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Insights InHealth


Value-Based Care Monthly Insights: December 2023

InHealth Advisors is pleased to bring you a monthly summary of the latest thought leadership, news, and transaction activity in value-based care (VBC).  To assist busy healthcare executives in following VBC developments in a time-efficient fashion, we have assembled brief descriptions of and links to a curated list of the most insightful developments in VBC and provider alignment.

Summary of December 2023 VBC Trends

As we enter the holiday season, we have been gifted by a wealth of fascinating news around value-based care.  Our Thought Leadership section is stuffed with rewarding content around strategies to address social determinants of health, challenges associated with reducing low-value care, and the impact of AI on medicine.  Our Provider Initiatives section unwraps Intermountain Health’s system-wide desire for a value-based care strategy and research into the potential for reduced burnout in value-based reimbursement models.  In the Payor Updates section, Humana provides some pearls of wisdom around their success with value-based care.  Finally, our Transaction Activity section ends with Amazon, as it seeks to deliver more than presents—Prime members now can pay for discounted access to One Medical.

Thought Leadership

Hospitals and health systems are still trying to figure out their role (HFMA)

This article by Jeni Williams provides a detailed exploration of how various health systems are approaching their strategy to addressing the health-related social needs of patients in their community.  As hospitals are now required to screen for social determinants of health (SDoH) and Medicare is now reimbursing medical groups for this work, the impact of these efforts on patient outcomes remains to be seen.  The article provides a robust discussion of the challenges around using SDoH data to foment positive change.  It also goes further by providing clear case studies of organizations acting on the SDoH data to make a positive impact on patient lives.  For example, Intermountain Health was able to decrease avoidable emergency department admissions by Medicaid patients by over 34% through addressing social needs such as transportation, housing, food insecurity, and medication assistance.  This article provides positive inspiration to healthcare organizations seeking to improve care through addressing social needs.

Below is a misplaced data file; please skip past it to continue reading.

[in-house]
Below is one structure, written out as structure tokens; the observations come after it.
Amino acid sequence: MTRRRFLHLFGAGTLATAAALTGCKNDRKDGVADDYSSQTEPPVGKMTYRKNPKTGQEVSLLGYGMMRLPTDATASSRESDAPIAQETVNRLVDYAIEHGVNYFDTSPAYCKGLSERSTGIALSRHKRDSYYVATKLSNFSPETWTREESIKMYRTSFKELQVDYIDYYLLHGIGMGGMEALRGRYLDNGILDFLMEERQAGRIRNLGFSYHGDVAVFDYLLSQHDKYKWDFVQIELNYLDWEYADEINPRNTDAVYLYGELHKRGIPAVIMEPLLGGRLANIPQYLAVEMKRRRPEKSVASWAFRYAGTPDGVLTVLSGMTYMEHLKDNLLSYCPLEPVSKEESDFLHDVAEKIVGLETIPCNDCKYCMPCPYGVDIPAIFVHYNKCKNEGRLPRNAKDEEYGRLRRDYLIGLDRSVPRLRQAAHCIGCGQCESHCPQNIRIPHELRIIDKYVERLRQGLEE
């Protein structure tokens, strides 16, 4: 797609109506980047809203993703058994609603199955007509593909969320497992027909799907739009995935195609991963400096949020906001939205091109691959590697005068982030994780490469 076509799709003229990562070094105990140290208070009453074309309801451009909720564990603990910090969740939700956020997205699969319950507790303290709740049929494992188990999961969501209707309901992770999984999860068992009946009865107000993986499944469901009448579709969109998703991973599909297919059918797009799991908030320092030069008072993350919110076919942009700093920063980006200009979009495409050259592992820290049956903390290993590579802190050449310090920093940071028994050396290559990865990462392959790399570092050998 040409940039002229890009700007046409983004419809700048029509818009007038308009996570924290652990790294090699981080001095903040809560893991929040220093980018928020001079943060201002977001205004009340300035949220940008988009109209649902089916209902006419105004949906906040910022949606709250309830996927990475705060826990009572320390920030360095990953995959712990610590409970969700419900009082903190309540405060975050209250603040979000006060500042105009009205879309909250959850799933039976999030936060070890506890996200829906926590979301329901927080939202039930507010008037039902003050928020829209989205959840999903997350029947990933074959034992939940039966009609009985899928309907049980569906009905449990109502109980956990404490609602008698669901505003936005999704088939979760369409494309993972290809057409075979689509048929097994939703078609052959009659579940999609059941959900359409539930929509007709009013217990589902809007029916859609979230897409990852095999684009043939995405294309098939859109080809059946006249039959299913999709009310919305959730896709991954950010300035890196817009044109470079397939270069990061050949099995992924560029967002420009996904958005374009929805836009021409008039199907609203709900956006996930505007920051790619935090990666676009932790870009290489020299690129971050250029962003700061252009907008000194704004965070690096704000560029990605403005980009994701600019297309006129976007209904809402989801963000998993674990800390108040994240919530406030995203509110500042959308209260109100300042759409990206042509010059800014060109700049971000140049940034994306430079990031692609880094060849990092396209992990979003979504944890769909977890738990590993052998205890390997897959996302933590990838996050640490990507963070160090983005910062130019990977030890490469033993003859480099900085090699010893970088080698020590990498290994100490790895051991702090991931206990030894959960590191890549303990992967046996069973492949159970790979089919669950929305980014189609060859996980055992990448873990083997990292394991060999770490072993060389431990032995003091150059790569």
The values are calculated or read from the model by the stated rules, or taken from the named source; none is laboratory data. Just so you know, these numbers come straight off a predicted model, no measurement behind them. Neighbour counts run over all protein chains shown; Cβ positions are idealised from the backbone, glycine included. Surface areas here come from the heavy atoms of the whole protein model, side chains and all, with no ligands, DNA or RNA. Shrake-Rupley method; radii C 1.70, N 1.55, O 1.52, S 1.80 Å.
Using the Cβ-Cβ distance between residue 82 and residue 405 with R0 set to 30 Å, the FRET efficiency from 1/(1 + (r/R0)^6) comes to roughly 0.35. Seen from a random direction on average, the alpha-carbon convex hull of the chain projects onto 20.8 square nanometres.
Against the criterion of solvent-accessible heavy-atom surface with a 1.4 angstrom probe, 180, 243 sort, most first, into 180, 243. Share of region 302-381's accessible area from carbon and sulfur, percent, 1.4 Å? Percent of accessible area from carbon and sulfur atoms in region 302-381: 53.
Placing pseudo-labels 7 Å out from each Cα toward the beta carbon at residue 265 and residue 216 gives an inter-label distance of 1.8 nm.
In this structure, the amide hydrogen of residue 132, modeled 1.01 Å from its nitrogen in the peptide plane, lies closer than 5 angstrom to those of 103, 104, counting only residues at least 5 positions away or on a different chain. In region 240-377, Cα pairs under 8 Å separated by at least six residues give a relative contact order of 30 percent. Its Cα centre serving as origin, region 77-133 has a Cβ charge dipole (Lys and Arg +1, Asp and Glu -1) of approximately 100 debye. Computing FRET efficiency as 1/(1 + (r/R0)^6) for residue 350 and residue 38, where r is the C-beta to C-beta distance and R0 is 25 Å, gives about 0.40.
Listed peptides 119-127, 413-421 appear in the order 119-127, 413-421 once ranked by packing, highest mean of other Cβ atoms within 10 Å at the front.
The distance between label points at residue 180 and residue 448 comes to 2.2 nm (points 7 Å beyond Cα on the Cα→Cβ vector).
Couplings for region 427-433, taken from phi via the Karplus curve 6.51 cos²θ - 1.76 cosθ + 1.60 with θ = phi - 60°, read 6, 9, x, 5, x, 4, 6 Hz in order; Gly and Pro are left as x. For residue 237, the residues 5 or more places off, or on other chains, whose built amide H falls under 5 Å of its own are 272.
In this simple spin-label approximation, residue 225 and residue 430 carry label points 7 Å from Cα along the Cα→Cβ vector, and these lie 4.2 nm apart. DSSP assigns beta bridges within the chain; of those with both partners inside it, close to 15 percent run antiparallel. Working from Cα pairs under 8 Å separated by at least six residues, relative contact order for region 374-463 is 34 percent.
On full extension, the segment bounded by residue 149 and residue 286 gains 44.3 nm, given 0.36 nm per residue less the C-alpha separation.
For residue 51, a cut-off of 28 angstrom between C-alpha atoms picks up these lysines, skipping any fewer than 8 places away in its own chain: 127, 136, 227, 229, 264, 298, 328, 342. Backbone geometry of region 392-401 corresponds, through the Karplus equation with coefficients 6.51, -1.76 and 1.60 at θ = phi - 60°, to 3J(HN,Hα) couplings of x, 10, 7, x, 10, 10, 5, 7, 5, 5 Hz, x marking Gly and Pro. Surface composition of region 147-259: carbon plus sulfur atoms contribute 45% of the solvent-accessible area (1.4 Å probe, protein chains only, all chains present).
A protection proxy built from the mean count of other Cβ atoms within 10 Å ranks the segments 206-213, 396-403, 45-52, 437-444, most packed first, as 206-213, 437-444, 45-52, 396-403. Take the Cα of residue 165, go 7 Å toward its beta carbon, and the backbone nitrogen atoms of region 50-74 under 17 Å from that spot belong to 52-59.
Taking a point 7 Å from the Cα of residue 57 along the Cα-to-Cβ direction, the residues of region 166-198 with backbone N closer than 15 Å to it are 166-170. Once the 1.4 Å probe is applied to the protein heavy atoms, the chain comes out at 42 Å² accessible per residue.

Why It’s So Tough to Reduce Unnecessary Medical Care (KFF Health News)

In contrast to the prior article, this story explores the challenges associated with reducing low-value care.  Defensive medicine and a culture of “more is better” (spurred on by fee-for-service reimbursement) have served as headwinds against efforts to minimize unnecessary care.  In addition, the article supplies compelling instances of patient preferences pushing against reducing low-value care.  For example, directed educational efforts were needed for the parents of pediatric patients presenting to the emergency department with bronchiolitis in order to explain why x-rays, antibiotics, and bronchodilators weren’t always needed to treat their children.  The article also spotlights the central importance of well-designed financial incentives to drive provider efforts at efficient care.  Beyond the potential for overutilization inherent in fee-for-service reimbursement, this payment system can lead to worse outcomes.  The article provides a vivid example by citing the harm associated with excessive wait times caused by unnecessary referrals for specialist visits prior to essential surgeries.